Paper Towns by John Green


Quentin Jacobsen has spent a lifetime loving the magnificently adventurous Margo Roth Spiegelman from afar. So when she cracks open a window and climbs into his life—dressed like a ninja and summoning him for an ingenious campaign of revenge—he follows. After their all-nighter ends, and a new day breaks, Q arrives at school to discover that Margo, always an enigma, has now become a mystery. But Q soon learns that there are clues—and they’re for him. Urged down a disconnected path, the closer he gets, the less Q sees the girl he thought he knew…

Let’s begin with Quentin. Quentin is the very definition of a one-dimensional character. After finishing this novel I still have no idea who he is, but not in a complex way that makes him this wonderful character full of animation and vitality, the exact opposite is true for Quentin.

What are his likes, dislikes, favorite color, favorite food, what kind of music does he like, what movies do he enjoy, etc. Yes, these are trivial questions but those are the things that make-up a person.

Little things + big things + actions = YOU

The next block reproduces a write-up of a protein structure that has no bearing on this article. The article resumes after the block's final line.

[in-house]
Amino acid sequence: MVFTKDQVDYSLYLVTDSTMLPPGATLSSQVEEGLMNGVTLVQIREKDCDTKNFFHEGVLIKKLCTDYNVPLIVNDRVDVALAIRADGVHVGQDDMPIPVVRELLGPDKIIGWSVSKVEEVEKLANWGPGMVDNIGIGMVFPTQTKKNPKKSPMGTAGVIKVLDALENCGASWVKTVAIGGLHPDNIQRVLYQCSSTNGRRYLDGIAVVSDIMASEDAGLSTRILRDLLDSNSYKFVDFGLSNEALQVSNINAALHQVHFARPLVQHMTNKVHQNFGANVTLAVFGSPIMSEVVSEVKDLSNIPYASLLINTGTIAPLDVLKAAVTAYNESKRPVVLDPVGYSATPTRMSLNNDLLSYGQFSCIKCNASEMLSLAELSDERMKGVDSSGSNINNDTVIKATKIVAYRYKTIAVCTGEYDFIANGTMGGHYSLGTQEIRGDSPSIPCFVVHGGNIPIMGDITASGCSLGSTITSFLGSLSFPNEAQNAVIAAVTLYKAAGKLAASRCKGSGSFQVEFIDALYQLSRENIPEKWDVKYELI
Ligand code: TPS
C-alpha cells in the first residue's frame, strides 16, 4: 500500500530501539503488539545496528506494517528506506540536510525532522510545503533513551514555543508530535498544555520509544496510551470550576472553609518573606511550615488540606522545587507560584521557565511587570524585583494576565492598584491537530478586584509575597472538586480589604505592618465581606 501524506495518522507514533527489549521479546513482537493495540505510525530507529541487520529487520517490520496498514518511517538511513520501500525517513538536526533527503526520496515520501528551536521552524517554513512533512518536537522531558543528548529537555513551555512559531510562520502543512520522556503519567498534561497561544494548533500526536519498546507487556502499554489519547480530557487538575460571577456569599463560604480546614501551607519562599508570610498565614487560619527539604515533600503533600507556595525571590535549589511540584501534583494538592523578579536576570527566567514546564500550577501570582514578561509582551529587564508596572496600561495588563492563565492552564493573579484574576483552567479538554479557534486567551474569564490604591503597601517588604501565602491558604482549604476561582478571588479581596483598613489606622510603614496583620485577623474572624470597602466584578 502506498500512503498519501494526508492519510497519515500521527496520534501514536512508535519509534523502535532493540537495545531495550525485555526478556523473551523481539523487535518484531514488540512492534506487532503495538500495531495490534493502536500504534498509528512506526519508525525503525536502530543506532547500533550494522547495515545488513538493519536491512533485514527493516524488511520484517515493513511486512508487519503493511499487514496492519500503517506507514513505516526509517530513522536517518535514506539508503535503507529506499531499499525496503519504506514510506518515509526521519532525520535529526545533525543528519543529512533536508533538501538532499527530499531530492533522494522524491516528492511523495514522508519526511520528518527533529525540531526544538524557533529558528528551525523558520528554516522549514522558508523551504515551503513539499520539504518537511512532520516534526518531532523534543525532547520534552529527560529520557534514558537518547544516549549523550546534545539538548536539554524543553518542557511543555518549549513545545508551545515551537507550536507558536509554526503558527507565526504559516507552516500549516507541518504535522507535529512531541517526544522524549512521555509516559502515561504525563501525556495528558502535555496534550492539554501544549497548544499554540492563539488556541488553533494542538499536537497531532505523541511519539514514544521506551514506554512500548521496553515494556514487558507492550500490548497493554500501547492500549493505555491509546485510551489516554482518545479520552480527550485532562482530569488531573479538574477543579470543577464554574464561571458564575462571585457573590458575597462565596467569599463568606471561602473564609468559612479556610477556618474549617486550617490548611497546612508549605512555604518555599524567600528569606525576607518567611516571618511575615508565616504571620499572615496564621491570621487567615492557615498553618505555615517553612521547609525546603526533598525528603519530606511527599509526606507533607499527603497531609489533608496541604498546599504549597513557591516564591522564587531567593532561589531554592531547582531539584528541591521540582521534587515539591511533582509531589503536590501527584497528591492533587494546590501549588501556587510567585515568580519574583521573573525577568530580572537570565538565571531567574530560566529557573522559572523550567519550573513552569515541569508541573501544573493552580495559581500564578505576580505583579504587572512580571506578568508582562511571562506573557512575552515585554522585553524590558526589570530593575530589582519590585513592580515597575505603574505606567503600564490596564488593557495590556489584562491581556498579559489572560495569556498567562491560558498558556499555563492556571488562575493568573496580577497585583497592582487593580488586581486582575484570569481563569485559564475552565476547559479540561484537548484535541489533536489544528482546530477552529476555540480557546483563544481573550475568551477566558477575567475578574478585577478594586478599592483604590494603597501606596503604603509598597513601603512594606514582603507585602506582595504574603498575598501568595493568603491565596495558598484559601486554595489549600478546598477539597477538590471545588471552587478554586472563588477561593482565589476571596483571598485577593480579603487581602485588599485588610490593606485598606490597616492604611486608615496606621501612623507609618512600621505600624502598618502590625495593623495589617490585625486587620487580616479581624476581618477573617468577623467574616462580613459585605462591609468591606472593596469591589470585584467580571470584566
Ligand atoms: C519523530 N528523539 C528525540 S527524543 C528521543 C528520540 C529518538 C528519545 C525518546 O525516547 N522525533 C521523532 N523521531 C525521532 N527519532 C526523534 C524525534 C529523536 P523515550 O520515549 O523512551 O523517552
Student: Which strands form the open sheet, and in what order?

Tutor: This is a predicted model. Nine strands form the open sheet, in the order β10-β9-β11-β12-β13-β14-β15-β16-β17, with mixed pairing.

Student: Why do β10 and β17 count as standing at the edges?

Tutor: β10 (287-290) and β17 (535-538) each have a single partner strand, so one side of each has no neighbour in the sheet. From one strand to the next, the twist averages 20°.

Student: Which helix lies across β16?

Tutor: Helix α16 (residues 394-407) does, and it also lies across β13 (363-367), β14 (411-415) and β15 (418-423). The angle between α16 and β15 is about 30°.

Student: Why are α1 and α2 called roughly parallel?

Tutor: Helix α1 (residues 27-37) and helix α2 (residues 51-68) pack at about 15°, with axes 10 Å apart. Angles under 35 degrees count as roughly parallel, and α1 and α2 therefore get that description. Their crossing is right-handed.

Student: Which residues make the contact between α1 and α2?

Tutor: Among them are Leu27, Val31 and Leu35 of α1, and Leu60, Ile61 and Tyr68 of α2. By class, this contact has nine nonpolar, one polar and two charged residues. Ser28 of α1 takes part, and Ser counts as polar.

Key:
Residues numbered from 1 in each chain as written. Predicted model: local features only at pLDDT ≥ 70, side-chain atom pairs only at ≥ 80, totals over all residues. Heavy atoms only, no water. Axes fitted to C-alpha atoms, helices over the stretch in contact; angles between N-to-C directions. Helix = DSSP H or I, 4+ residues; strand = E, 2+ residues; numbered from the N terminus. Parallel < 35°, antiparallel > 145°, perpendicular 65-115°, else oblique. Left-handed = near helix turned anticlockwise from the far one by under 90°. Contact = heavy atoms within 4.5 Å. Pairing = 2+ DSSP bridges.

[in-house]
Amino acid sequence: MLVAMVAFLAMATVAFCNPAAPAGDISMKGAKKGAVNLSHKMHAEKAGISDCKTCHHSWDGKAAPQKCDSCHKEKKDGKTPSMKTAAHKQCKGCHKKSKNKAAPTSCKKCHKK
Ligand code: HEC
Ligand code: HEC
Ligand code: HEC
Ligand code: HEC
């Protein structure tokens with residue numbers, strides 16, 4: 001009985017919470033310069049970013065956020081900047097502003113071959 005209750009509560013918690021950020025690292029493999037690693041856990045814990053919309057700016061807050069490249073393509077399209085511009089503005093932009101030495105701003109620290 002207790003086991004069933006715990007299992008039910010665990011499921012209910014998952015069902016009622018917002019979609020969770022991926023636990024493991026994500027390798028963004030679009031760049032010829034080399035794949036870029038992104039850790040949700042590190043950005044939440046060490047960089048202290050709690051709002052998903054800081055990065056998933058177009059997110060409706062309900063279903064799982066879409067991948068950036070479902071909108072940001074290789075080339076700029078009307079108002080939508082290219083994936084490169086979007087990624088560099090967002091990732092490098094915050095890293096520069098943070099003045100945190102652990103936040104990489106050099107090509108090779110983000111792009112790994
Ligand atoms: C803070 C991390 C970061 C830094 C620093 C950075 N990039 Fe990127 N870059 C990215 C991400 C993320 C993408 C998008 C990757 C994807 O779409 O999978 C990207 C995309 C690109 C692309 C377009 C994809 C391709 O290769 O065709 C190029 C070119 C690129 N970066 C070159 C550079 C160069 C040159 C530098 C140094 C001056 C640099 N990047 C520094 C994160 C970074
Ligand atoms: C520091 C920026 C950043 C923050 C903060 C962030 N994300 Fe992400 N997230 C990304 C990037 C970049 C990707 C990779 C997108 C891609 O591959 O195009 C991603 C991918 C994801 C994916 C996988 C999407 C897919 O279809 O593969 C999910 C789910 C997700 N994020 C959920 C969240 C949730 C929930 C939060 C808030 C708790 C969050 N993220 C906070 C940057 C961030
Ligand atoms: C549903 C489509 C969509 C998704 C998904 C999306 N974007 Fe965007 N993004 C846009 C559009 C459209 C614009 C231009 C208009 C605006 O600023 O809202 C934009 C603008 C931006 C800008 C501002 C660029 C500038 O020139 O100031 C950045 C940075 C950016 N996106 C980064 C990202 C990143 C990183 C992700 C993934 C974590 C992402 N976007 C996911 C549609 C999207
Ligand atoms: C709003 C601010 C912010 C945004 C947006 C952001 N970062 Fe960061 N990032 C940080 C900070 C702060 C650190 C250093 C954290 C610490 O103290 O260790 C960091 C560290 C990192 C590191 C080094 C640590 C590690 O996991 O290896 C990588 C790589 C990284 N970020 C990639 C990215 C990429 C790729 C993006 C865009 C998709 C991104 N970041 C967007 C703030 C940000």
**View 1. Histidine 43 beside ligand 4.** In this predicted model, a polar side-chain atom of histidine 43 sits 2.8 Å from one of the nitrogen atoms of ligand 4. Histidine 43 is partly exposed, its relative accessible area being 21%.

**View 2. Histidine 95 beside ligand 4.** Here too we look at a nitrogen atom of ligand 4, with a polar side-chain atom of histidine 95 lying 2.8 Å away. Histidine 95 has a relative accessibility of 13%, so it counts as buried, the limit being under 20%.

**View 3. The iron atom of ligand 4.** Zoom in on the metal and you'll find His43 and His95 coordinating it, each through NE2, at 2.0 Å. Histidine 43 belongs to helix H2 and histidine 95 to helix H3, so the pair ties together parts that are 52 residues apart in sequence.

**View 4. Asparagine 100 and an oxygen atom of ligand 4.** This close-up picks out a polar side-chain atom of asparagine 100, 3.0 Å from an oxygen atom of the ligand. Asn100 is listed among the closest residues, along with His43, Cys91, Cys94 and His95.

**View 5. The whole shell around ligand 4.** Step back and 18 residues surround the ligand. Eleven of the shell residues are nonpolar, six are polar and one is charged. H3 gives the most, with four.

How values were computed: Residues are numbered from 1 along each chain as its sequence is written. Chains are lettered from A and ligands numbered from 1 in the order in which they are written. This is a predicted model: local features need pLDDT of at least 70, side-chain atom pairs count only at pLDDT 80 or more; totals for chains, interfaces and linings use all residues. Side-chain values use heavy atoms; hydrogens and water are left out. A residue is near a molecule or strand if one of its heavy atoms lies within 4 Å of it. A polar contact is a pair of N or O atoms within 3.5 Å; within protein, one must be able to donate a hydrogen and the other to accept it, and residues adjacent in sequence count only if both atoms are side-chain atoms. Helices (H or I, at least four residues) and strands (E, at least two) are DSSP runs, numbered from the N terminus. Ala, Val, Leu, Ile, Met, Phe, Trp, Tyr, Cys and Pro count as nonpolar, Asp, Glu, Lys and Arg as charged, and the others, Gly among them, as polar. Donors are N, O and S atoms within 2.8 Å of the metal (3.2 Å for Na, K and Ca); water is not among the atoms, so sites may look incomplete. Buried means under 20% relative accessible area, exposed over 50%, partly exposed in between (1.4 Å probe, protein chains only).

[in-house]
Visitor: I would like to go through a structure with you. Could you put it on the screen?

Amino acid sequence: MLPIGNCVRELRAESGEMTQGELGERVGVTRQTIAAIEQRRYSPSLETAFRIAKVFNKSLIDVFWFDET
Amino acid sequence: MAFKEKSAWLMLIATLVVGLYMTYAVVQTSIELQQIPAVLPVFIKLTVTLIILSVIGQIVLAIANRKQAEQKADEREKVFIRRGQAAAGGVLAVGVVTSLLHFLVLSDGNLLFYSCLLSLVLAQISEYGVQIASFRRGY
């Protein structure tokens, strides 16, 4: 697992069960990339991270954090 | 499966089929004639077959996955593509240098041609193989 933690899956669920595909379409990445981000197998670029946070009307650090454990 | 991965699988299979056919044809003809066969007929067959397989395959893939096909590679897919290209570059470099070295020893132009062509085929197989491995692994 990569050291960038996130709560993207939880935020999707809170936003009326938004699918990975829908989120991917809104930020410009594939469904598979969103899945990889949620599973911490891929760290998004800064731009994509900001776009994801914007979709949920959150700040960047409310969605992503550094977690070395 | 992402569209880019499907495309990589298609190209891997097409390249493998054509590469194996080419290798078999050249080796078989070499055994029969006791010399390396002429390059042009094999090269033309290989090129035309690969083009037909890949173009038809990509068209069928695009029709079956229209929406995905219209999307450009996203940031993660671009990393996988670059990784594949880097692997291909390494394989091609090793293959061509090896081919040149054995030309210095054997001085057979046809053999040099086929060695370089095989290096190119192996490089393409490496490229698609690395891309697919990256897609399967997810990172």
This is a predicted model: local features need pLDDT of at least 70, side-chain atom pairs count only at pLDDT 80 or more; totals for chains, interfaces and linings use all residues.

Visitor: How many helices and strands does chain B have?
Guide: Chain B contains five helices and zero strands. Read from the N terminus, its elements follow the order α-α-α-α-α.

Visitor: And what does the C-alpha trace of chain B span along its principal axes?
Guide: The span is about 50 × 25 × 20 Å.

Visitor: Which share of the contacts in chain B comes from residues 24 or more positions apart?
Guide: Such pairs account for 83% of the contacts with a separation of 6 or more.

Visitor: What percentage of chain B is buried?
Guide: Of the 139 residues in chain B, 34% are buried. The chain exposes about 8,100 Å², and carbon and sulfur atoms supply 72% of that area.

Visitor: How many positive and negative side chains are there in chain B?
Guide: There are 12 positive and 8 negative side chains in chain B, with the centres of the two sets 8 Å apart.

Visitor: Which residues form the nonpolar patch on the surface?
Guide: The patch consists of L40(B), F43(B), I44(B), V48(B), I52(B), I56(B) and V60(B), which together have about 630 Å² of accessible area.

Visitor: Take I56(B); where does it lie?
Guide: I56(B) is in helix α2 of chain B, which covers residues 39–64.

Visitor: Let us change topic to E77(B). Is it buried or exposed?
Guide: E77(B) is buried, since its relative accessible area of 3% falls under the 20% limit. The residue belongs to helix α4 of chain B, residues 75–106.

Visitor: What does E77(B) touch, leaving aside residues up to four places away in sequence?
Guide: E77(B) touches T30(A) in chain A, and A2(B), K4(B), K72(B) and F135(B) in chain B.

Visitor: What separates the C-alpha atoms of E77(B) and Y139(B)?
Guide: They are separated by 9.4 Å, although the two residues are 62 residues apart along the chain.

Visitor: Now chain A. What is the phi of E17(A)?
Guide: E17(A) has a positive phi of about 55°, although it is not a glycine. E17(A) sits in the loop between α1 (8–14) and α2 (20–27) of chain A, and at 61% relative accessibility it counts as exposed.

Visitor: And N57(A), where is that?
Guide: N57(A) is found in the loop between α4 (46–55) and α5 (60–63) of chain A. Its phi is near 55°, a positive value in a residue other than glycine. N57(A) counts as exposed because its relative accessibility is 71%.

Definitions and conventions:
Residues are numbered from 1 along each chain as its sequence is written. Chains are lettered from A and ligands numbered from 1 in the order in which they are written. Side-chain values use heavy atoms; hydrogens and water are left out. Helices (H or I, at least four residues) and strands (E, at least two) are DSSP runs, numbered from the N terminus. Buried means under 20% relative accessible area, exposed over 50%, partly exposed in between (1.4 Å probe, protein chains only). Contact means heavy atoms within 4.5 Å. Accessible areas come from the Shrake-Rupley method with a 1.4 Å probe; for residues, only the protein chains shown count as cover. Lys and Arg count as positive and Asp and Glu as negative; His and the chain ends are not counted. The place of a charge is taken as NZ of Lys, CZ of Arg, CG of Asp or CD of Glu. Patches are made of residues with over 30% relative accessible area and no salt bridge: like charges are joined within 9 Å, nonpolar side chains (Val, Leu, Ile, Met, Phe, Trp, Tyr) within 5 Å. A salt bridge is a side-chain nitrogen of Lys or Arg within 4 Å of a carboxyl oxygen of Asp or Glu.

All Quentin talked about during the novel was Margo. In the beginning it was how beautiful she was. I kid you not, every page mentioned her hair, eyes, skin, smell, and just overall perfection. It’s weird and kinda creepy for him to be this obsessed with a girl that he didn’t seem to care much about until this book started. But I was able to move past this after awhile and focus on the future of the novel – I wasn’t impressed.

FYI (if you care): For people who haven’t been to Orlando Margo describes downtown quite well actually. After living in Orlando for a year I know that it’s terrible, and her representation of Orlando’s homes is also accurate, certain sections are paper towns. S0, that’s a score for Margo.

The second part of the novel is really boring. Quentin figures out Margo is missing and soon gathers clues to find her. In this time he reflects on how cool she is, how eccentric and misunderstood (I call bullshit) she is compared to everyone else in the world. Hanging out at abandoned buildings and reading poems by Walt Whitman because she’s so down-to-earth. Soon enough Quentin learns that maybe the Margo he thought he knew wasn’t her, but someone else.

Q: Who is the real Margo?
A: Who gives a shit!

I realize that that answer is harsh, but the proverbial question of “who is Margo?” got old quickly. The real question I repeatedly asked myself was WHO GIVES A SHIT! Seriously, Margo isn’t interesting. She’s not too cool for school or some overly complex mind troubled by her past. She’s just an upper-middle class girl who reads Sylvia Plath, Emily Dickinson, Walt Whitman, hangs out in abandoned buildings, and runs away a lot for attention.  Could she be more cliche? I’m sorry, her extensive collection of records that include Johnny Cash is what really makes her unique.